The Skyscraper Museum is devoted to the study of high-rise building, past, present, and future. The Museum explores tall buildings as objects of design, products of technology, sites of construction, investments in real estate, and places of work and residence. This site will look better in a browser that supports web standards, but it is accessible to any browser or Internet device.


Hong Kong is defined as much by its hillsides as by its harbor, and the steep terrain has governed its growth. From the 19th century, landfill, or "reclamation," was the preferred way to expand the city's real estate, and there have been many waves of waterfront development. Hong Kong's skyline has always crowded along the waterfront.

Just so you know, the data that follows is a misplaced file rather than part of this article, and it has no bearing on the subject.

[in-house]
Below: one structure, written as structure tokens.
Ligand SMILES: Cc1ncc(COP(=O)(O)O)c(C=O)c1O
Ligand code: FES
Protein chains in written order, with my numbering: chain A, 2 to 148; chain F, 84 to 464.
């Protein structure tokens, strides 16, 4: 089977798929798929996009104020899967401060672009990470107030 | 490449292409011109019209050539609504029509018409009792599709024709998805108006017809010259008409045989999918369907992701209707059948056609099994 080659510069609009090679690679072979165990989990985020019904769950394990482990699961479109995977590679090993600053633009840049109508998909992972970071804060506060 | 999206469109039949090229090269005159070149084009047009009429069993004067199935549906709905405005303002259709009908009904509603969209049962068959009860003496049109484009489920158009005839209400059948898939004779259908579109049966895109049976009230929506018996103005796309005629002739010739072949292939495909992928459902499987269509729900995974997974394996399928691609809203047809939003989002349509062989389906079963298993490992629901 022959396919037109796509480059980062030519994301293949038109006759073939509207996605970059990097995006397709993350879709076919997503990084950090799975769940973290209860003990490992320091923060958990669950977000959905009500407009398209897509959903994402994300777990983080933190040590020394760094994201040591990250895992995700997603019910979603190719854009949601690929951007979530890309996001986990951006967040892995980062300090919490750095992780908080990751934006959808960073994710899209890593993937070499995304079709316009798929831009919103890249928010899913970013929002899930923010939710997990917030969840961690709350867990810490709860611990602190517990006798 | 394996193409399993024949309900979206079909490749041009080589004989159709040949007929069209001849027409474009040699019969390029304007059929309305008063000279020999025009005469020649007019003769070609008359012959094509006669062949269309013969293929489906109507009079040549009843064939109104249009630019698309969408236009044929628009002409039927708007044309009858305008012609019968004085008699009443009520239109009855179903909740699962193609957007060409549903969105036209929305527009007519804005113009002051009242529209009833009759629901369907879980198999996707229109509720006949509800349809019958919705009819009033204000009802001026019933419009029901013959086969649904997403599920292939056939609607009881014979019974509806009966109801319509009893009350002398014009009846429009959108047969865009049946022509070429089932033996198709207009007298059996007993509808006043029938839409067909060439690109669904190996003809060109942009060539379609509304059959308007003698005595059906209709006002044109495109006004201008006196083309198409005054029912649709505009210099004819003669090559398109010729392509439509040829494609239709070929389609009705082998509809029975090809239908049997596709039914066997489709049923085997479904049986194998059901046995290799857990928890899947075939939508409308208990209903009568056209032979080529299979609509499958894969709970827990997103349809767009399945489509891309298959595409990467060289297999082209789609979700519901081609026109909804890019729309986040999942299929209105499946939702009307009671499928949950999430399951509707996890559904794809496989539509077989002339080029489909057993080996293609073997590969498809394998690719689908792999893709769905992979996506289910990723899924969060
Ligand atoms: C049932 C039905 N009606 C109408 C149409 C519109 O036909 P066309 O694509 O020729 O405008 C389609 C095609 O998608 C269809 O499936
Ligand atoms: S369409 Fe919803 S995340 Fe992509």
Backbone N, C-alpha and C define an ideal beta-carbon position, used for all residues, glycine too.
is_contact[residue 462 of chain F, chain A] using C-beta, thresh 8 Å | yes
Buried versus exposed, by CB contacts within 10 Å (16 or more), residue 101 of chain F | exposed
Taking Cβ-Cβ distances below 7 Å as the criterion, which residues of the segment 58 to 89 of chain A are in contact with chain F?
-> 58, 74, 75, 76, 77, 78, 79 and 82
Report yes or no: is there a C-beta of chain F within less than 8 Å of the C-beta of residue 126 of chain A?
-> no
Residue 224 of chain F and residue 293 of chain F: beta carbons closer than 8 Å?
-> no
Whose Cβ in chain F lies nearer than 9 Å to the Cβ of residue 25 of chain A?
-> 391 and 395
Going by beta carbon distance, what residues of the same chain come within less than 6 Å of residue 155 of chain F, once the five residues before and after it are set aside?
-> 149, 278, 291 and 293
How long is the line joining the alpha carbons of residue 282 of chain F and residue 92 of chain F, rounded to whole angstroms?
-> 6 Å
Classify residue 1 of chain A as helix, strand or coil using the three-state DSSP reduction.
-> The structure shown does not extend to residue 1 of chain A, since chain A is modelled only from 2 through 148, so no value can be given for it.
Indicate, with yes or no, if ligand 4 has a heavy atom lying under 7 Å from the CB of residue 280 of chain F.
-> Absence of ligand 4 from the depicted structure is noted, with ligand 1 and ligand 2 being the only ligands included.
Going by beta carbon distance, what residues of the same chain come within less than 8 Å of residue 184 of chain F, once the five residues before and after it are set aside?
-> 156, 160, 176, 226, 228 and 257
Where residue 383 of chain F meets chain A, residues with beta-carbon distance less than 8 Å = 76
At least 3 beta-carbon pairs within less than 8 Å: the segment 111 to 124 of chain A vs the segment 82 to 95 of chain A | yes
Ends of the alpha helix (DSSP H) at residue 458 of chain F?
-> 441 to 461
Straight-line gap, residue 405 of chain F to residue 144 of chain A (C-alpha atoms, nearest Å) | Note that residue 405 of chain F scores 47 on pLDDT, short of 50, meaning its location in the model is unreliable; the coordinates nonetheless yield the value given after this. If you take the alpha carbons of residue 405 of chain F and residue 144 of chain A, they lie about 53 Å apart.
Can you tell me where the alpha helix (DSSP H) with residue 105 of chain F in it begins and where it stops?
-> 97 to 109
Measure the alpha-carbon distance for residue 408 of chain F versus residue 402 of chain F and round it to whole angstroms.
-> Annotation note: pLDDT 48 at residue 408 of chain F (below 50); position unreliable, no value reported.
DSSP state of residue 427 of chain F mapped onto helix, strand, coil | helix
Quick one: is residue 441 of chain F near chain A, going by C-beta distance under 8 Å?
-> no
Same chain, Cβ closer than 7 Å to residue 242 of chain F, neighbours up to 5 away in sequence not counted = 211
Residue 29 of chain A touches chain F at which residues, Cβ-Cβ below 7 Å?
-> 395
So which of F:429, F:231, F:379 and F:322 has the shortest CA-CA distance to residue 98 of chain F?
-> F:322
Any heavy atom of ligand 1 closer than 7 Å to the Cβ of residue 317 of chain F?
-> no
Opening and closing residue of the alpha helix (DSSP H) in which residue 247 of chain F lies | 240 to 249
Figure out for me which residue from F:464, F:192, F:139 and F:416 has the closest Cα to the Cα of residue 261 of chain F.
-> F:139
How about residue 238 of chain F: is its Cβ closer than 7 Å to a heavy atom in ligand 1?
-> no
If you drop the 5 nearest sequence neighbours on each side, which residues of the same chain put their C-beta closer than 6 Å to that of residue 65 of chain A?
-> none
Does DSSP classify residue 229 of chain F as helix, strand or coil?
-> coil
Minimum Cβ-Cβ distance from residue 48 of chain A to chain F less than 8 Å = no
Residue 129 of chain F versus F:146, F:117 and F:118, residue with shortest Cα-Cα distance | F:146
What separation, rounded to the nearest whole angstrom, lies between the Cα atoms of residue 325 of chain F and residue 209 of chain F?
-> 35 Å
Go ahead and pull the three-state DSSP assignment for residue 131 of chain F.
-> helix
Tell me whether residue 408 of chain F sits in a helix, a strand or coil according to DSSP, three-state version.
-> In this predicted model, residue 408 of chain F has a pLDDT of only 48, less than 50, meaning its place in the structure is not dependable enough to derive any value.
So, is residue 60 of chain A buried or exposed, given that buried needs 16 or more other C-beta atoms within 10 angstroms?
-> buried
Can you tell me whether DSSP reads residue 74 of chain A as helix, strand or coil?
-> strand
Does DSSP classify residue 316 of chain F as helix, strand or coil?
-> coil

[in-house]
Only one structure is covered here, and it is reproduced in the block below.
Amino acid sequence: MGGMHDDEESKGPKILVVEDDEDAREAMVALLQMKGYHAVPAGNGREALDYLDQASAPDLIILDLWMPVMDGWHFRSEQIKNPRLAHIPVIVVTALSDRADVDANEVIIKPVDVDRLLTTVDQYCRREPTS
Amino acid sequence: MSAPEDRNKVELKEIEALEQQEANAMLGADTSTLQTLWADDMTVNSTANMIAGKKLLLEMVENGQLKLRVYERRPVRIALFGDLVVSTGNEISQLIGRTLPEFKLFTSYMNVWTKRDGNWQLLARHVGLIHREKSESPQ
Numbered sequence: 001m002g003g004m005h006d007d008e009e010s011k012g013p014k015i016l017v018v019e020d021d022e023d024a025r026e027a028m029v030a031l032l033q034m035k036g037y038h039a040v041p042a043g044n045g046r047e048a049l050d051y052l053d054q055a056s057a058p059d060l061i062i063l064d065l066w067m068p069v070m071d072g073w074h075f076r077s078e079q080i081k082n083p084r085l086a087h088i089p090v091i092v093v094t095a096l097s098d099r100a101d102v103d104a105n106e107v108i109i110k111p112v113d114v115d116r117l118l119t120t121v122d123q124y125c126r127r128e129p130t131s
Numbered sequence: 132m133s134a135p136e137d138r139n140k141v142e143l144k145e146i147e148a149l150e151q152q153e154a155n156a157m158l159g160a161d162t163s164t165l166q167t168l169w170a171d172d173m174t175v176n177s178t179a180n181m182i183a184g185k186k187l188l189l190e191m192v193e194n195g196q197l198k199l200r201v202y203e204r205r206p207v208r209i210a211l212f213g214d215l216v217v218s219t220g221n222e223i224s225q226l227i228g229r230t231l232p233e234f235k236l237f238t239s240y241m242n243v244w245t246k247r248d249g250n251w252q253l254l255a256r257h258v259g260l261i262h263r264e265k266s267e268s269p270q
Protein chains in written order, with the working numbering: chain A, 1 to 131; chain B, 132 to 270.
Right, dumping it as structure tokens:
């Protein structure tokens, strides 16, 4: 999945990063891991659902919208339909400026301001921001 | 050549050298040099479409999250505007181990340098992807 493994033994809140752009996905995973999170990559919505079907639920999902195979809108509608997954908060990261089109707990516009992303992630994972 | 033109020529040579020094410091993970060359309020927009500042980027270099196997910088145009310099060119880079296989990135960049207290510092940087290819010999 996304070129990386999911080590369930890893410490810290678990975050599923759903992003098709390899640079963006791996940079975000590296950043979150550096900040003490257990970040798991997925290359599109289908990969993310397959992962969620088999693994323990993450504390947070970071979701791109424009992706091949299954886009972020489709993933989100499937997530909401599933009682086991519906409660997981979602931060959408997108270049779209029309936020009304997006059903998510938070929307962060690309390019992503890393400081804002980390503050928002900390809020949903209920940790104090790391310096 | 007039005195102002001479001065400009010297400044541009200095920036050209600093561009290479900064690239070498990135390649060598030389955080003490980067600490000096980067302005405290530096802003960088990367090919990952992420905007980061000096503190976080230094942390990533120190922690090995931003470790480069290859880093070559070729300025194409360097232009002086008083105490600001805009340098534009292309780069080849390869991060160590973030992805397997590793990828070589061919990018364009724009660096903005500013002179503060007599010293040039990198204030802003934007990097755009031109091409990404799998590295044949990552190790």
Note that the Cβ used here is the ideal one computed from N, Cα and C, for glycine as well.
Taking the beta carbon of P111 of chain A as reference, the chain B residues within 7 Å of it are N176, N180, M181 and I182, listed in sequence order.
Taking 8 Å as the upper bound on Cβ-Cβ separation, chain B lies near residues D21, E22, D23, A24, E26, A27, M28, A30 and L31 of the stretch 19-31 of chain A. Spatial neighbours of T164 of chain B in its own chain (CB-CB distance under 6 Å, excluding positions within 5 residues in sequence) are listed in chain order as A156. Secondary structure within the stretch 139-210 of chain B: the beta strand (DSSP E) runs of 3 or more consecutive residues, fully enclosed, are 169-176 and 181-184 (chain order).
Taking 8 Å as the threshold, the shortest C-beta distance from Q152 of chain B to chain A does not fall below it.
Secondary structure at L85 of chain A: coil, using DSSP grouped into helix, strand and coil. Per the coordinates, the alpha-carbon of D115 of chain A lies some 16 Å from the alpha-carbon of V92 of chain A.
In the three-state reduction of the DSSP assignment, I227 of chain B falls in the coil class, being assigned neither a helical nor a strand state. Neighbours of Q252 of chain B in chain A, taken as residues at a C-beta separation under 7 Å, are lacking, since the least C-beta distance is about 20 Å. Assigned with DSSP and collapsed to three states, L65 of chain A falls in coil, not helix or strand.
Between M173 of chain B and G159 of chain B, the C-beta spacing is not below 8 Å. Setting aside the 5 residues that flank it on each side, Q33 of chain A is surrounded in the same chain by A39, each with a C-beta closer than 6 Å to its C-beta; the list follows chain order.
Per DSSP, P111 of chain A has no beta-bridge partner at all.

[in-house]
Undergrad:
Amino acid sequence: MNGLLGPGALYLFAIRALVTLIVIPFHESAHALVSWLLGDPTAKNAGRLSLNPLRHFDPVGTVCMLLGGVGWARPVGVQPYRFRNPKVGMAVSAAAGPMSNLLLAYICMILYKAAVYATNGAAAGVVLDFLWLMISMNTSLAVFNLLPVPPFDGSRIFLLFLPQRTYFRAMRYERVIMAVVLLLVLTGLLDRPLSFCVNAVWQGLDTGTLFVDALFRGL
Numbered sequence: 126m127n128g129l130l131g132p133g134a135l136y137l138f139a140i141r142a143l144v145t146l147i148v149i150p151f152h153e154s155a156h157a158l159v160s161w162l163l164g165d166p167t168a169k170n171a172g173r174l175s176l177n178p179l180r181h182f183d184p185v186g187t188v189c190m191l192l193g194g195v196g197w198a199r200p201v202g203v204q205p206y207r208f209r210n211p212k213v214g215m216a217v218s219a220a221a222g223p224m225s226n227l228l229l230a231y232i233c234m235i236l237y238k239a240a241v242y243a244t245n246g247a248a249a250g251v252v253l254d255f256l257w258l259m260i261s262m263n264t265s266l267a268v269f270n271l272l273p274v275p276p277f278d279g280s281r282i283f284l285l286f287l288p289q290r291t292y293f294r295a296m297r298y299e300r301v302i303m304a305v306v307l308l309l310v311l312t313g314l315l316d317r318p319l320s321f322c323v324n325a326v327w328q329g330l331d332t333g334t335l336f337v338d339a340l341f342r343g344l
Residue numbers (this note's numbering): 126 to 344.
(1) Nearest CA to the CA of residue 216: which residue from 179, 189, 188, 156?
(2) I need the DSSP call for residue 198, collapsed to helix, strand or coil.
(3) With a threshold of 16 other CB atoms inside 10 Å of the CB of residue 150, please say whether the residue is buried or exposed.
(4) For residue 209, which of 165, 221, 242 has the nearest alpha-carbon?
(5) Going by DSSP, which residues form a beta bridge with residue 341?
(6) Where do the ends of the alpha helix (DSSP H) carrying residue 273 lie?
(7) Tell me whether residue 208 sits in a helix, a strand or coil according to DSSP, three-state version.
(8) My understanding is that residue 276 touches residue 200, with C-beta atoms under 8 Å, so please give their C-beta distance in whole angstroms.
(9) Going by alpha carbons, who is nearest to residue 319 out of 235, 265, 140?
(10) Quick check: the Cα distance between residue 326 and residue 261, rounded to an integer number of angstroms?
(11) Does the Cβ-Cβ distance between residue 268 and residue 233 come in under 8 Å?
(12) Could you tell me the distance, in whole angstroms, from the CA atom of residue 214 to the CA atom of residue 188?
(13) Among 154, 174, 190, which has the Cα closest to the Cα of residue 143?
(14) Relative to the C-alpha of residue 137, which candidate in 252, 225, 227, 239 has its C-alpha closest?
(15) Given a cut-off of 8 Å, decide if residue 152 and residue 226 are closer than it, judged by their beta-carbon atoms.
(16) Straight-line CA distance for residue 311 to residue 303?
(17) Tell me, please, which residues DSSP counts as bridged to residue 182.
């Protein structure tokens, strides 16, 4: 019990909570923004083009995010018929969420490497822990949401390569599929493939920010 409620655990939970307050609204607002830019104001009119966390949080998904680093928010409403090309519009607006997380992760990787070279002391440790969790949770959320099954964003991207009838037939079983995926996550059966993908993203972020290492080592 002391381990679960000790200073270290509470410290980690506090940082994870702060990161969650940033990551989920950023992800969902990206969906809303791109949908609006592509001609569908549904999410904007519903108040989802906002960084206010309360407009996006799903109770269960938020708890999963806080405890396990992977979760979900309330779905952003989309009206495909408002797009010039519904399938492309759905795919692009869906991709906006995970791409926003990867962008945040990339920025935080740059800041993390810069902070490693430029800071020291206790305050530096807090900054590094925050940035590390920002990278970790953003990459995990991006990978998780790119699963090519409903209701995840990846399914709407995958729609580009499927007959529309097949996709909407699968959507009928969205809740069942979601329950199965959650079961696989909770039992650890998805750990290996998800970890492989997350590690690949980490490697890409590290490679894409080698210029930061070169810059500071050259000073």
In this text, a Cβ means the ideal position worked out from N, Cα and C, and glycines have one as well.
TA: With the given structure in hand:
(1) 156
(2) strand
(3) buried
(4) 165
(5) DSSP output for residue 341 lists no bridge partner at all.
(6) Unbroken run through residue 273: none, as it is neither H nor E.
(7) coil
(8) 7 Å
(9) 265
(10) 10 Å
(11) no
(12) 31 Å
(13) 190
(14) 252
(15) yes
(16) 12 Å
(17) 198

By contrast, Manhattan is fairly flat and more developed at the island's center. Lower Manhattan in particular grew its tallest towers around Wall Street in the early 20th century and the World Trade Center created a new zone of office space in the 1970s.